Like aging aristocrats down on their luck, the last roses huddle in the autumn twilight. Heads bowed, petals wilting, they are shabby but stoic as they brace themselves for winter.
I want to cut the last of them. Bring them inside. But I know my husband, the rose tender, would say it is best to leave the last buds on the vine. “It will make them stronger next spring,” he would advise.
Instead of questioning him further, I wait until he leaves the house for a few hours and then consult his gardening books. Flipping through page after glossy page, I seek the rules for late roses. Finally, the mandate is clear: “You should refrain from cutting three to five weeks before the first hard frost in your area,” Taylor’s Guide recommends.
The text says it does not matter if they are past their prime. Snipping them off is not recommended. It also declares that even in the Deep South, where roses may not go dormant, the spent blooms should be left.
“This gives the plants a rest,” the paragraph ends.
Even I — who have never cultivated my own garden — grasp the inherent logic. In the end, after all, hasn’t each of us earned some peace?
But I miss the roses already. Long for the delicious fragrance, they bring to the house all summer and into early fall. With a vase full of roses next to me as I write, I feel rich, pampered.
“Surely,” I’ve said to my husband more than once, “there is nothing more luxurious than roses from your own garden. They put the florist to shame.”
After I finish my research, I slip outside to the roses. Maybe I could clip just one to bring in. We would not miss it next spring, not with all these bushes laden with late blooms.
I stoop to look at the flowers. I am touched by their grace, and their easy acceptance of the change in season. The little spikes that marked their plots in spring are still in place, though some are driven so far into the ground, they could be the tops of tiny gravestones. I brush the dirt away to read the names.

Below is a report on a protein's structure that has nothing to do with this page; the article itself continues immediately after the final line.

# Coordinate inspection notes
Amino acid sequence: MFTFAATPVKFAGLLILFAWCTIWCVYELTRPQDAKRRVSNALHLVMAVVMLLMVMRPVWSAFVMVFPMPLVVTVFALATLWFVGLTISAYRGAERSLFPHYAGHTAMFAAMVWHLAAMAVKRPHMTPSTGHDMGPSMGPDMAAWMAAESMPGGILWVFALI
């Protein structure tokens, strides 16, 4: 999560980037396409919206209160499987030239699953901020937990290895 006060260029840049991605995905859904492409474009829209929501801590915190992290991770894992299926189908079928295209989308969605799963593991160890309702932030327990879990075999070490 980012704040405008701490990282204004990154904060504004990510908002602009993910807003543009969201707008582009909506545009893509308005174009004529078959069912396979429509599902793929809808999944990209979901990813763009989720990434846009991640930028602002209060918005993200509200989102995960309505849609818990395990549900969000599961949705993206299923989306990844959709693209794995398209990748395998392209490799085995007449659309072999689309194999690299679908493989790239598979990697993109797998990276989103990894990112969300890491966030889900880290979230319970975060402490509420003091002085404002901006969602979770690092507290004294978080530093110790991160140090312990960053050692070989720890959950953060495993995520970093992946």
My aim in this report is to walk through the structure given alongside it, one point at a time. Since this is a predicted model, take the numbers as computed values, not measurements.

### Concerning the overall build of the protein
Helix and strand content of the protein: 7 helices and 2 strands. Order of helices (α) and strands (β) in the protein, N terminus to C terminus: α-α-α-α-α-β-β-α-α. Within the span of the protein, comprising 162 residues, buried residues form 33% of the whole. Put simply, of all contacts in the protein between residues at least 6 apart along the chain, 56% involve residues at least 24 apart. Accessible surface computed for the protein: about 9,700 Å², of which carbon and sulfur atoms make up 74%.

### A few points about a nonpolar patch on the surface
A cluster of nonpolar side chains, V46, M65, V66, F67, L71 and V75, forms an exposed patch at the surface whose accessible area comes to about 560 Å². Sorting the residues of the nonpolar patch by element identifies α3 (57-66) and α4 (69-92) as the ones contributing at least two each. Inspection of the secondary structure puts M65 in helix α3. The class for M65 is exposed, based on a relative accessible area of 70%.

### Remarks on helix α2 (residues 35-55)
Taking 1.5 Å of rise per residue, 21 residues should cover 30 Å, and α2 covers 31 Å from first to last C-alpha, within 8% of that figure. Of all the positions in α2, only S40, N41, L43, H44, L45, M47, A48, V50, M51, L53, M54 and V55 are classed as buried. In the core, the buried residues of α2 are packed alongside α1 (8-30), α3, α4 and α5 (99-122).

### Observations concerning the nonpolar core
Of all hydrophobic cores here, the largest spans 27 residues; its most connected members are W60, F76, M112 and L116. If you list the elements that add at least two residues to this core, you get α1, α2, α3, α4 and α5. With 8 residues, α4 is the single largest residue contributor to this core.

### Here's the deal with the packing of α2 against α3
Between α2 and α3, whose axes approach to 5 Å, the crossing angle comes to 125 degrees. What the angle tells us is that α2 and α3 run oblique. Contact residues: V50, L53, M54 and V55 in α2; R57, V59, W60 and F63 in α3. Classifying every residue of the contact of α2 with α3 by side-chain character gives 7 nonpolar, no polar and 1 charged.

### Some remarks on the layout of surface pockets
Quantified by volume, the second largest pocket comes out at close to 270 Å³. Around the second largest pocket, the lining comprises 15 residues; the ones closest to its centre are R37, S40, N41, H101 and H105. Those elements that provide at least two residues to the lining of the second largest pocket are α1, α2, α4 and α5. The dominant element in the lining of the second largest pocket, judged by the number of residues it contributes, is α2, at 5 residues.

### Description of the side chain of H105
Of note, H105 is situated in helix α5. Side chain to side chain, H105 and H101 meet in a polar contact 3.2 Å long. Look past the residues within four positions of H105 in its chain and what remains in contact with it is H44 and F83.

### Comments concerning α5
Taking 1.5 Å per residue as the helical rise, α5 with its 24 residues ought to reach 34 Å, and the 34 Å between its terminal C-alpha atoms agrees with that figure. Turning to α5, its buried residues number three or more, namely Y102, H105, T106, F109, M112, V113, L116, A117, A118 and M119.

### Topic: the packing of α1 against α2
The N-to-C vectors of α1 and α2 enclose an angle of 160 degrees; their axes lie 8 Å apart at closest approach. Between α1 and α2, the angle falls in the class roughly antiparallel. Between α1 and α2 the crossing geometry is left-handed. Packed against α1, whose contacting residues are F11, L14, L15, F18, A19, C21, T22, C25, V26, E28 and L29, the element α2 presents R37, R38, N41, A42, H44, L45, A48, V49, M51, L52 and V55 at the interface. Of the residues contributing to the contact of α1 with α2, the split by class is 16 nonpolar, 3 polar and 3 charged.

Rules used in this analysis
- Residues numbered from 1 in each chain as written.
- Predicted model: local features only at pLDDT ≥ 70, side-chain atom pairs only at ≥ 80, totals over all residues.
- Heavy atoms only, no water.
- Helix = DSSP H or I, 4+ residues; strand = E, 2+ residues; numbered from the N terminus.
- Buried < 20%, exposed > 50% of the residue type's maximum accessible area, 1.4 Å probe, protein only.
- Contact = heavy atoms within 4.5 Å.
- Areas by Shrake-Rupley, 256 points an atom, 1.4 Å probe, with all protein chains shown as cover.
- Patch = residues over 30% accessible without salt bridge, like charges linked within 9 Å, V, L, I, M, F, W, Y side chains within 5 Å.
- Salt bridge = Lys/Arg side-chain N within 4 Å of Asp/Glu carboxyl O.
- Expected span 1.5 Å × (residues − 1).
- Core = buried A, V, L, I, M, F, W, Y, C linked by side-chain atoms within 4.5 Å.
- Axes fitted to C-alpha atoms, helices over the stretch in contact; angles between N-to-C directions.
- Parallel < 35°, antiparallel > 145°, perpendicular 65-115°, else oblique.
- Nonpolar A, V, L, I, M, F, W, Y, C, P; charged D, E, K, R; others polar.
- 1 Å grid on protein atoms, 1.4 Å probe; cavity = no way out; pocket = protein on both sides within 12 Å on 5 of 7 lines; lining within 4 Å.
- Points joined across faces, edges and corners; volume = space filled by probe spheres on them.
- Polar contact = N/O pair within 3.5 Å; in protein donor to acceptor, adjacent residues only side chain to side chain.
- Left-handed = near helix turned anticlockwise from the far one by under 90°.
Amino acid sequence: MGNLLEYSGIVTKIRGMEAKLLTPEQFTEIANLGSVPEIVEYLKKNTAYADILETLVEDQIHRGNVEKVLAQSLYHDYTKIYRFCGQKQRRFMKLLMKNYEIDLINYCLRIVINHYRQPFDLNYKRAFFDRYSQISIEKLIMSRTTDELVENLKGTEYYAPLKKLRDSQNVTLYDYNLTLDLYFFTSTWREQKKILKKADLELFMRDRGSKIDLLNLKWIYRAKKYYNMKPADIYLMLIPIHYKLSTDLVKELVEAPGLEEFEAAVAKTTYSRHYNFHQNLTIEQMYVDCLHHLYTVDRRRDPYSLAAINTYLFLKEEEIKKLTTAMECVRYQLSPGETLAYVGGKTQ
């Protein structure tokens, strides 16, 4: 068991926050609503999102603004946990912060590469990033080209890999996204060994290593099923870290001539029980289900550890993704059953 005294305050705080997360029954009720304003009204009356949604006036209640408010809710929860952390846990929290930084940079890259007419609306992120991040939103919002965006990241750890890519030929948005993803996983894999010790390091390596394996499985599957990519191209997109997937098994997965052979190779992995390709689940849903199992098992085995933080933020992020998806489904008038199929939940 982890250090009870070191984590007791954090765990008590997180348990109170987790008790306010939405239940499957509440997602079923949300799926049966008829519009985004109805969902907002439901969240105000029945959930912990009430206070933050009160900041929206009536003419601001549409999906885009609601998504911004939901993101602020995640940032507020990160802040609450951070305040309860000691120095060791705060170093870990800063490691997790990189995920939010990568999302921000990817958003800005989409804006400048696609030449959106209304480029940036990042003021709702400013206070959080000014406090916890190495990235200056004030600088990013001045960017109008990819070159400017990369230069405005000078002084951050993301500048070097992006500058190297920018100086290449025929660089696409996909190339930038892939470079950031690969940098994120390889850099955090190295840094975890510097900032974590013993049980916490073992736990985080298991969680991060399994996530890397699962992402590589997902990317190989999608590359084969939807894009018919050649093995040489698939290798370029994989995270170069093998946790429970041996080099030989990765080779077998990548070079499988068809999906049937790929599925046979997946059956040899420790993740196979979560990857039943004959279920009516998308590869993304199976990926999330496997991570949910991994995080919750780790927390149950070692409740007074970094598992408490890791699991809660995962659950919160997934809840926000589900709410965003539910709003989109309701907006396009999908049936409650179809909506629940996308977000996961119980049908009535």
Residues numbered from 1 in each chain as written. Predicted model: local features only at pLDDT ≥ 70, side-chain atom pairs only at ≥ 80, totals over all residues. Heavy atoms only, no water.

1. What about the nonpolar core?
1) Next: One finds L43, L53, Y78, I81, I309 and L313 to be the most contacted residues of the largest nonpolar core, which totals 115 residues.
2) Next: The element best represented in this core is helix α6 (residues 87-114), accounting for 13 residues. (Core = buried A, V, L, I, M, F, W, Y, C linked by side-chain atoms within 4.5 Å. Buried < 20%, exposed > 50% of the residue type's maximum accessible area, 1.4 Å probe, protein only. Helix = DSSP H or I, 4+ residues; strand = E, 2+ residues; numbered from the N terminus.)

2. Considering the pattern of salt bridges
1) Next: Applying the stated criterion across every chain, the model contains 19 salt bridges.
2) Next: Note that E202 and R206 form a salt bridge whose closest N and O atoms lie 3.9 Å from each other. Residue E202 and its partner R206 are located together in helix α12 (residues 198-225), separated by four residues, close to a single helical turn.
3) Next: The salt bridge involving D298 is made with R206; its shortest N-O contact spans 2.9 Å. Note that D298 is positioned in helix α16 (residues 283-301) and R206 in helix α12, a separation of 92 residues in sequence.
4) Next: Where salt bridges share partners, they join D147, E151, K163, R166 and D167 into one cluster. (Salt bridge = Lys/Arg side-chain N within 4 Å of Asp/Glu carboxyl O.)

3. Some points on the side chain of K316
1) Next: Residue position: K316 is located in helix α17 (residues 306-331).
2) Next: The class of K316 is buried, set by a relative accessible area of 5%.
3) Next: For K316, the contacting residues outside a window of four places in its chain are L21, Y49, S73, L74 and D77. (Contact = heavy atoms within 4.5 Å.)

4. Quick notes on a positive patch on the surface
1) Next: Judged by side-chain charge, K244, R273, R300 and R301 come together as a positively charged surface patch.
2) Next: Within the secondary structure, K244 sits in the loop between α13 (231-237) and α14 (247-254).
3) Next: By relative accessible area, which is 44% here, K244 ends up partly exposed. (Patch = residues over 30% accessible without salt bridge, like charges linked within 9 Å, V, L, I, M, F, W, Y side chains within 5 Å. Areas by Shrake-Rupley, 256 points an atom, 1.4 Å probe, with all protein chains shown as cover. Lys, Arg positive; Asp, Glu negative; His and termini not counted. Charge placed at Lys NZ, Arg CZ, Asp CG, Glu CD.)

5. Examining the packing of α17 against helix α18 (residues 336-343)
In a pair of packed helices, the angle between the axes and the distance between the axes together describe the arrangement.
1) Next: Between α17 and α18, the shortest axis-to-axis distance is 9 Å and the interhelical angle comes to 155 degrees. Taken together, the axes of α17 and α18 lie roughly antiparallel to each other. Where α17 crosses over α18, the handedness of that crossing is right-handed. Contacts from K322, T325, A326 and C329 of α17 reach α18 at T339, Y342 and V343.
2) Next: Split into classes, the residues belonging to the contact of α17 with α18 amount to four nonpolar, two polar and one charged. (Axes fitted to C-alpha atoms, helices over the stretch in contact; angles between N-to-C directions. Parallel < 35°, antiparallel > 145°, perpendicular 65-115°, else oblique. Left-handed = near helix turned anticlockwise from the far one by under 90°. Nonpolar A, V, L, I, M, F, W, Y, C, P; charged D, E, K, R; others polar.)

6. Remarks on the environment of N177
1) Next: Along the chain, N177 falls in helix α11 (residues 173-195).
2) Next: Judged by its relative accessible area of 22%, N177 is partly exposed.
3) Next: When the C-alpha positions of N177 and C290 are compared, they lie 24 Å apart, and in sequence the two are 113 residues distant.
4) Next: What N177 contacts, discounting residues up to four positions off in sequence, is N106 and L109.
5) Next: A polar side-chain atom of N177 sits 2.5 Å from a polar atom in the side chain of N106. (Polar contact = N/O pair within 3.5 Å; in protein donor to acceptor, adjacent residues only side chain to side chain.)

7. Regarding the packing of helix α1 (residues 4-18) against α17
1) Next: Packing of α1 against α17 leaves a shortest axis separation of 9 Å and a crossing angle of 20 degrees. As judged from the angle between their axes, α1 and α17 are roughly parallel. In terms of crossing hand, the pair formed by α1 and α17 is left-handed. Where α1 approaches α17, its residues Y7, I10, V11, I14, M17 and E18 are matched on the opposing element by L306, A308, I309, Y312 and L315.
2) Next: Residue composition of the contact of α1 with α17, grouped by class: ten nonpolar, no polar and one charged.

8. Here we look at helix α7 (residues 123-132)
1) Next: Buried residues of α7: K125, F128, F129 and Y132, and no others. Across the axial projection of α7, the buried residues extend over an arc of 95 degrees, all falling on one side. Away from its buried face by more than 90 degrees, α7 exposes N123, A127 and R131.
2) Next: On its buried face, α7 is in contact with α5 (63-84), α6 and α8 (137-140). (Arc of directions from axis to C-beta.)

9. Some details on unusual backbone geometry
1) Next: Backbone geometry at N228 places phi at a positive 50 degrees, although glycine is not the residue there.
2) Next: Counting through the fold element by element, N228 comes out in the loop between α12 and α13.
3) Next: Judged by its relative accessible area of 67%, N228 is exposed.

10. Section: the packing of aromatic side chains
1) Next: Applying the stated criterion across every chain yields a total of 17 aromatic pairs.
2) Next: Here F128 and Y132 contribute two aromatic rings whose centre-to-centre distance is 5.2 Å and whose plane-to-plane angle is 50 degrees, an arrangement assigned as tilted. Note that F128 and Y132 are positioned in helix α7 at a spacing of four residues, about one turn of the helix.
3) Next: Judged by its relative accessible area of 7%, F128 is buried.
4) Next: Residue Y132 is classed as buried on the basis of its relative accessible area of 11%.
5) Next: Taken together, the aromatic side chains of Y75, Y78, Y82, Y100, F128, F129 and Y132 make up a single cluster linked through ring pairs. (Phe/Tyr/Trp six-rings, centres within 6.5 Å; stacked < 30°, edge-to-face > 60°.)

They are an exotic lot: Fantin Latour, Pascali, Madame Louis Leveque. It could be a gathering of expatriates at a seedy embassy. There are some flamboyant orange buds, tight as fists. The pinks, though still lovely, are faded as yesterday’s bridesmaids. The whites are silky and splendid, like the ivory keys on an old grand piano. Spent petals are everywhere, the last scraps of summer’s confetti.
I realize I will not cut any more flowers this season and console myself with the fact that by now most of the blooms are shaggy and splayed, no longer a match for the shimmering symmetry of my cut crystal vase. My husband is right. How absolutely like him to understand the natural order of things, he who tends his children and his garden with the same loving touch.
The last time I saw my mother alive, she was in a wheelchair. I was giving her a tour of the grounds of the nursing home where strangers tended to her 24 hours a day. She did not know where she was, or who I was, yet it seemed important that I show her the last flowers in the measly garden there.
The last time I saw my husband alive was just the other day. I pointed his gaze through the windows of his room at hospice to the courtyard. The hydrangeas had already turned to rust, but there were still a few roses.
I reminded him of the roses he used to grow and sang a few bars of that old song my father used to sing to rile up my mother, “The Last Rose of Summer.”
Roy was beyond responding but he relaxed, closed his eyes, and drifted off.
When my mother died, we bid her farewell with dozens of blood-red roses, her favorite. The flowers were beautiful but odd. My husband explained to me that they were a special breed, without thorns or scent, as if the dead might be offended by signs of life.
For some, fall is the season of homecoming, with tailgate parties, football games, and chrysanthemum corsages. Imagine a queen and her court marching primly onto the football field at halftime. Their high heels sink into the 50-yard line as they pose for the crowning. In the stands, old friends hug, barely touching.
For me, homecoming means bidding farewell to the last roses, paying tribute to the joy and peace they have selflessly shared. I gaze at the garden through the window in the room where my husband took his last breaths and am reminded — despite unseasonably warm autumn temperatures — of the inevitability of the first frost.
Winter will be here before I know it, but the roses are certain to come back again next spring.
Rest in peace, Roy B. Davis Jr. Born February 27, 1939. Died on November 4, 2022.